An impressive cemetery operated by the Commonwealth War Graves Commission and very well maintained, 7240 men lie here, 815 of which, remain unknown. Three Australian Victoria Cross holders lie here and there is a separate Australian memorial on the hillside near the entrance. Alemein, Churchill argued was the turning point of the War, the first German battle loss occurred here, and it was last defeat of the war for the empire. It was a sobering experience to see row upon row of headstones dedicated to such young men, the Australian troops lay predominantly on the left side of the cemetery.

The 240 kilometre drive though the desert to Cairo took about two and a half hours on a good road we made it back in record time and were back at our hotel for a few more examples of Egypt’s finest brew to finish off a wonderful.

I began the day at the Egypt Museum just a ten-minute walk from the hotel across the 6 October bridge that spans the mighty Nile river. As is expected chaos reigned at the entrance thanks to the selfie stick equipped, flag following Chinese tour groups. We tried to rush in before we were trampled and as per every tourist locale, security is high. Just as I got through I was sent back to buy a Camera ticket for an extra 50 Pounds phones are fine though. Go figure.

The museum has not changed much since I was last here 15 years ago and as we wandered through the warehouse like structure full to the brim with anything and everything they dug up over the years a fire broke out at the new 800 million Giza museum which is due to partially open this year. The greatest collection of Egyptian artefacts and they are scattered randomly with many rooms closed for apparently no reason, I enjoyed my time there, but I didn’t enjoy the crowds. When I arrived at the Tutankhamen exhibit, my camera ticket didn’t seem to matter a damn as they allowed no photos of the famous golden mask, fuck knows why it is on Google for god sake.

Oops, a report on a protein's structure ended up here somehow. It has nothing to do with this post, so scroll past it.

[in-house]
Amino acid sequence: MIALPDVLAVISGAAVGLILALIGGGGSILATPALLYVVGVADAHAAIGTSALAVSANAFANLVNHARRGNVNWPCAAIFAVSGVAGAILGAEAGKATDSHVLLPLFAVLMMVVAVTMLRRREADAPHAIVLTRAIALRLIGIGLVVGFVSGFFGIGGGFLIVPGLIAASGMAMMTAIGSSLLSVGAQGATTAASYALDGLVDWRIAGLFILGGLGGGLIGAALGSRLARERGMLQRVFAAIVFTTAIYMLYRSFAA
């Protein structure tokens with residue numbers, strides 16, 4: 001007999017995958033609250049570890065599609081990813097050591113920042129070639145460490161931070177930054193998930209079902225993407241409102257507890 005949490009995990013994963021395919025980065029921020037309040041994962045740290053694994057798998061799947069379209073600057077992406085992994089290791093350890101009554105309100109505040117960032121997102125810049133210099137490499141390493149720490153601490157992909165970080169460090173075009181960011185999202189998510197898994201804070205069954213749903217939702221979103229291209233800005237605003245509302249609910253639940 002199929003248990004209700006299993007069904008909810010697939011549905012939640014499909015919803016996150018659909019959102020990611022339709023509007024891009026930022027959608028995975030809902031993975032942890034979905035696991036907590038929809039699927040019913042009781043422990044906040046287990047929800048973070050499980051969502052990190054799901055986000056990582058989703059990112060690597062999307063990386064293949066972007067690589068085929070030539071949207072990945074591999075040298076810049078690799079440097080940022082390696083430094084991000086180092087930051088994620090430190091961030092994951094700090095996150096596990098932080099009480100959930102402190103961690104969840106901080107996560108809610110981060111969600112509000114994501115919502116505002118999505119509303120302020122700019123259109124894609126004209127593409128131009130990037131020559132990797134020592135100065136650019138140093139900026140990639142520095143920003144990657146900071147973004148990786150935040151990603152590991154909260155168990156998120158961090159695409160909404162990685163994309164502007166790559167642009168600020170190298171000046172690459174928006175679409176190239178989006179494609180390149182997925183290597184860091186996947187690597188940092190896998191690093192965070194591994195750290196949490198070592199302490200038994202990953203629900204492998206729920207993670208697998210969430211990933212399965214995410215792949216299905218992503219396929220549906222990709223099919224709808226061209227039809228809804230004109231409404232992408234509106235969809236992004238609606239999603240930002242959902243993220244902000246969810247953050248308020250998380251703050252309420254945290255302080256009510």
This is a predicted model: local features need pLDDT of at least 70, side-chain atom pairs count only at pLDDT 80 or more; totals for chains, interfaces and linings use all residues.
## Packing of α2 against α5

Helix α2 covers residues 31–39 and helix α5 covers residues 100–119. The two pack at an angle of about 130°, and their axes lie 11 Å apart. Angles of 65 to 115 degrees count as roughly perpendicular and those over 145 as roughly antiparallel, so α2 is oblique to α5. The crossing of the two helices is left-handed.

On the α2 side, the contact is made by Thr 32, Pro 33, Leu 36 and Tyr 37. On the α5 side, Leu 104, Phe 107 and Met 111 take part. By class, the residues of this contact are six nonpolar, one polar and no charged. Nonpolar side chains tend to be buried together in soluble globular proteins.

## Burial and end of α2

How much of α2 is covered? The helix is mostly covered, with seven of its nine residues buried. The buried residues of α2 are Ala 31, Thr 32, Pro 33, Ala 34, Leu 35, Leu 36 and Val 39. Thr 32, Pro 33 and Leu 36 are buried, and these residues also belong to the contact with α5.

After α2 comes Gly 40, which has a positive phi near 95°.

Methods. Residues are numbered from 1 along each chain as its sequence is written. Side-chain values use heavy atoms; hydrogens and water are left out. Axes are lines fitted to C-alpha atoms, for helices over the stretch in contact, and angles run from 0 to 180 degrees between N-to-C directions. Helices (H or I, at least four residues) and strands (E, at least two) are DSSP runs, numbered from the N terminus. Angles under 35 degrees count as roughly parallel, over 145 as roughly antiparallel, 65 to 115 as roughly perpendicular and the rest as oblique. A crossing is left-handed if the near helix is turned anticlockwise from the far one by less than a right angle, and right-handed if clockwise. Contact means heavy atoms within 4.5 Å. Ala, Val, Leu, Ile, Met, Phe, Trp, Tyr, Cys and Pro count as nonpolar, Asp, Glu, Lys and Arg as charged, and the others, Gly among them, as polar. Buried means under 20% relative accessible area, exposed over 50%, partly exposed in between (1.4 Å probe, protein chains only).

The mysterious, plain clothes camera police saw Shane attempt a poorly executed attempt to sneak an iPhone shot which got him dragged over to the side DELETE IT! was the order, as I showed the screen and pushed the delete button. Obviously, he didn't know about the
Tomb artTomb artTomb art

Saqqara
restore delete feature. Meanwhile I was watching a guy with what appeared to be an Apple watch with a small camera embedded in the watch band slip some sneaky shots of the mask... Oh well.